Homily for the Feast of Mary, Mother of God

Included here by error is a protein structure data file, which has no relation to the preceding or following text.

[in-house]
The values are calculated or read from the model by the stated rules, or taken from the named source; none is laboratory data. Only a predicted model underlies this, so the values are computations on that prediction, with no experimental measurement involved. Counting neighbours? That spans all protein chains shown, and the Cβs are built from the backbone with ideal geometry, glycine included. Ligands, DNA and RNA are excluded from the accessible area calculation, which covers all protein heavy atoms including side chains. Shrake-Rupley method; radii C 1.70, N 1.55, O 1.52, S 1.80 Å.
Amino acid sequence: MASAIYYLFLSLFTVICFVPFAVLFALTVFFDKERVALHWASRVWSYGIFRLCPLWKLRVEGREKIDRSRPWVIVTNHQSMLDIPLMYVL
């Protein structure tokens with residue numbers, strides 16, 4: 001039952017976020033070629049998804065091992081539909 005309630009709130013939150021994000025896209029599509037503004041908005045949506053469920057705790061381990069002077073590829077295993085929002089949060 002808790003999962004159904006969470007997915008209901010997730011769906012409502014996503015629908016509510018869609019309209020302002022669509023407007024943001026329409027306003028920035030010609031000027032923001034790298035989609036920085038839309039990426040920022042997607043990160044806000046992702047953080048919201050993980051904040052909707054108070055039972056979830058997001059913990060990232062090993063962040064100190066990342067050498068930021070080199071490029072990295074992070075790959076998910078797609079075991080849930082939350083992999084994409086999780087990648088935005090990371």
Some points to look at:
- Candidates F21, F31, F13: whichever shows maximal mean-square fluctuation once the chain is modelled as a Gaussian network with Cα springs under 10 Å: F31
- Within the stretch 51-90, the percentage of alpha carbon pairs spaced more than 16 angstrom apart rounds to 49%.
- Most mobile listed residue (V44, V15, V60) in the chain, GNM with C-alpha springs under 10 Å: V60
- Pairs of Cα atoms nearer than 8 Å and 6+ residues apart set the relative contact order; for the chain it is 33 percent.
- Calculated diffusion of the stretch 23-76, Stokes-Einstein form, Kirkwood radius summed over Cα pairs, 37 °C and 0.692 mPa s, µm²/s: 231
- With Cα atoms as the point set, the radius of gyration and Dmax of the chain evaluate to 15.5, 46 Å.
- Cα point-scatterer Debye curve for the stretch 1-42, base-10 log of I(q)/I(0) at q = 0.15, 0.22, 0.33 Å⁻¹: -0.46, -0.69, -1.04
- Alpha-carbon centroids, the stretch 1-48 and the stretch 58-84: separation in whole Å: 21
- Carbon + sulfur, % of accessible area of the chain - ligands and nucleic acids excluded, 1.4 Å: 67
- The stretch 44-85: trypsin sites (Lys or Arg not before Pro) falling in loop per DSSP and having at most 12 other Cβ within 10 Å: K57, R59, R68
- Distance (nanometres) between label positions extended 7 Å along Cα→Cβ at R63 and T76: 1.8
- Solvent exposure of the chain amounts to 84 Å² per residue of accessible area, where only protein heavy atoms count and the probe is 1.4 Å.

Our liturgy this morning invites us to turn our eyes to the Bethlehem scene and to be reminded that the light of the guiding star shines not only on the new-born Babe but also on His lovely mother. This Feast of Mary, Mother of God, has only recently reclaimed its place in our Catholic calendar. But the truth which it celebrates is implicit in all our Marian devotion. We believe in her Immaculate Conception because we believe that it was the prelude and preparation for her Virginal Motherhood. We believe in her Bodily Assumption into Heaven and we honor her as Queen of Angels and Saints because of her preeminent place as Mother of Christ, the King. Throughout the Christian centuries, wherever she is venerated and under whatever title she is named, the foundational truth, always presupposed in every prayer and every praise, the one title which contains them all is Mary, Mother of God. Every time we come together for Sunday Mass, we profess our faith that "for us and for our salvation" the Son of God, the Second Person of the Blessed Trinity, "came down from heaven; by the power of the Holy Spirit, He was born of the Virgin Mary and became Man." Every time we pray our rosary, fifty three times we call upon her: “Holy Mary, Mother of God". Our belief in her Virginal Motherhood is inseparable from our belief in the Incarnation and the Divine Identity of Jesus, Our Savior. He is Son of God and Son of Mary. Christmas celebrates not only His Nativity but also her Motherhood.